Playful Democracy: how kids and young people' can refresh our perceptions of power and voice


Interesting Medium piece from Melanie Rayment, a design thinker. She asks how children's and young people's play (and adults' engagement with that play) might refresh the ways we think about how we do democracy.

Some extracts:

Have we yet reached a point where we recognise children and young people as the experts in their own lives? Children appear to be citizen researchers on a quest (unknown or known); developing a hypothesis, testing and iterating as they prototype on a macro and micro level. How can we continue to evolve these views so that children have greater agency in shaping their cities and nations?...

Play as an inclusive, action-based language, can enable us to understand deep emotions, diverse perspectives, and create new frames. It is through play that we witness children as inherently novel; less stifled by the systems that control our adult lives, and the way in which they imagine scenarios with fewer boundaries than we can dream. They are creative in the way they shape the direct world around them, to be joyful, useful and bring imaginative views to life....

We should ask if our collective imagination for alternative futures is genuinely democratic and diverse? Do policies that aim to address societal issues, imagine new social systems, and economic markets only seek to inform our younger generation?

Children and young people have a unique perspective to give, and an ability to blend the physical and digital spheres with imaginative new visions. They are driven by ‘what if,’ and less inhibited by legacy systems, and frames of reference that appear to hold us back from the critical action required.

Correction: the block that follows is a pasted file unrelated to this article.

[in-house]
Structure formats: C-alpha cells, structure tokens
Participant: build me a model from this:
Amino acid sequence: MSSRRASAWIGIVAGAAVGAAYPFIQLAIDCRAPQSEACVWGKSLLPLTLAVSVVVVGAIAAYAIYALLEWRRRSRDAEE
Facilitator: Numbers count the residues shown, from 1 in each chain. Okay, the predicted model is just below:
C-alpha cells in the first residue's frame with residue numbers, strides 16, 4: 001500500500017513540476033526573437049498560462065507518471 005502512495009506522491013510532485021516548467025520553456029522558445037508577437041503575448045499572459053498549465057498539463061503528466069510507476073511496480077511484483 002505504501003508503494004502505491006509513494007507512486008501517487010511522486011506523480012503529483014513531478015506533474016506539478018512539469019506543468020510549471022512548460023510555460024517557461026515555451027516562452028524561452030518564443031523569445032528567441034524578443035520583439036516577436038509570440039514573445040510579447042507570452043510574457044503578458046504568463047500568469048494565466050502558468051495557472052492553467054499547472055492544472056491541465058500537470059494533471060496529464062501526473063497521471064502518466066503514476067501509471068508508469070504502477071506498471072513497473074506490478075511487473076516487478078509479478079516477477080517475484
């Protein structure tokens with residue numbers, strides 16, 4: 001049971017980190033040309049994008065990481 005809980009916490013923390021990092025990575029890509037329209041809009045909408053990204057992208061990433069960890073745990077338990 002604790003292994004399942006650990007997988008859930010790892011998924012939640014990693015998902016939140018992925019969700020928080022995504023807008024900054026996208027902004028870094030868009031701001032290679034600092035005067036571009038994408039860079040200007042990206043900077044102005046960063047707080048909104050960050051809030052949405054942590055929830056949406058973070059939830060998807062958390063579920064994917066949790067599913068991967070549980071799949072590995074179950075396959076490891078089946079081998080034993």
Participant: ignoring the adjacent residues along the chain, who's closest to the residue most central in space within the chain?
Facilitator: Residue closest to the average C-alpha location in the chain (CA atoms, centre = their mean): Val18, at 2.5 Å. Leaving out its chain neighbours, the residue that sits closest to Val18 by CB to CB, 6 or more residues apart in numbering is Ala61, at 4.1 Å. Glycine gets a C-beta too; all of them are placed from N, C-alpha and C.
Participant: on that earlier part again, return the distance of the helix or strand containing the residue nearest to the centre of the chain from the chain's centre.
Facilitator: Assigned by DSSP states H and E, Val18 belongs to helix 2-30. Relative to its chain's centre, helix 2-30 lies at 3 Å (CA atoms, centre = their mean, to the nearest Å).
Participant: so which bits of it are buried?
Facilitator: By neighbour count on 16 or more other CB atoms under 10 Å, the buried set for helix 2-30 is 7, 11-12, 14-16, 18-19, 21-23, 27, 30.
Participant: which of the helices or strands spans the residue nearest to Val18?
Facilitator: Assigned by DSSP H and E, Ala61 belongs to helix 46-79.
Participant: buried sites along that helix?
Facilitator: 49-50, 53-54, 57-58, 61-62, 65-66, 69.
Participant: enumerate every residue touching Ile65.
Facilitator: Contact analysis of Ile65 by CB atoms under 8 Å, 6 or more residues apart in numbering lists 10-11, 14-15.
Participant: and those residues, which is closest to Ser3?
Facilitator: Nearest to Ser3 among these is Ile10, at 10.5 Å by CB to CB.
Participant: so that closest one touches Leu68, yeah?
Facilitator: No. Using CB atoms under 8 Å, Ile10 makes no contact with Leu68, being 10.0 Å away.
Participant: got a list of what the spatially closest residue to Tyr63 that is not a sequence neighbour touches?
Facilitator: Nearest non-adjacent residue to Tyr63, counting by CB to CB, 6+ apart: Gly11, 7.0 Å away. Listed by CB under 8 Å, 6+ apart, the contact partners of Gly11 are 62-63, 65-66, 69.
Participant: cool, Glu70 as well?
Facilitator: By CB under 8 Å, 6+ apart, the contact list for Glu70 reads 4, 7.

More here.

Melanie's argument is reminiscent of the US psychologist Peter Gray's work on play and democracy - see below: 

We value democracy. As citizens, we want our children to grow up holding and abiding by democratic values. We know that democracy is not easy. Democracy implies freedom, but it also implies responsibility. The balance between the two is delicate and takes wisdom that can only be gained through practice.

People in a democracy are free, yet they must follow rules, cooperate with others, respect differences among individuals, and recognize that their own needs and rights are no more valuable than are those of every other person. How do children acquire such values and learn to live by them?

One thing we can be certain of is that children do not acquire such values in schools, at least not in the schools that most people know. People acquire values by actually experiencing those values, in real life settings, and seeing that they work. In schools children experience dictatorship, not democracy.

Children are required by law to be in school, and while there they must follow rules that they have no voice in creating. They may be required to memorize something about democratic values as part of a civics lesson, but they do not experience those values, so the lesson may seem cynical. They may, if they are lucky, experience compassion from kind teachers, but that is benevolent dictatorship, not democracy.

Children cannot acquire democratic values through activities run autocratically by adults. They can and do, however, experience and acquire such values in free play with other children. That is a setting where they are treated as equals, where they must have a say in what goes on, and where they must respect the rights of others if they wish to be included.

In previous essays I have argued that play is nature’s way of promoting children’s reasoning (12/04/08) and physical skills (01/01/09). Now I argue that play is also nature’s way of teaching children how to get along with one another democratically.

Gray's argument continues here.

(The capacity of young people to cut through old political arguments is no better demonstrated recently, of course, than in the advocacy of the Parkland kids after their massacre. And they're not alone in history.)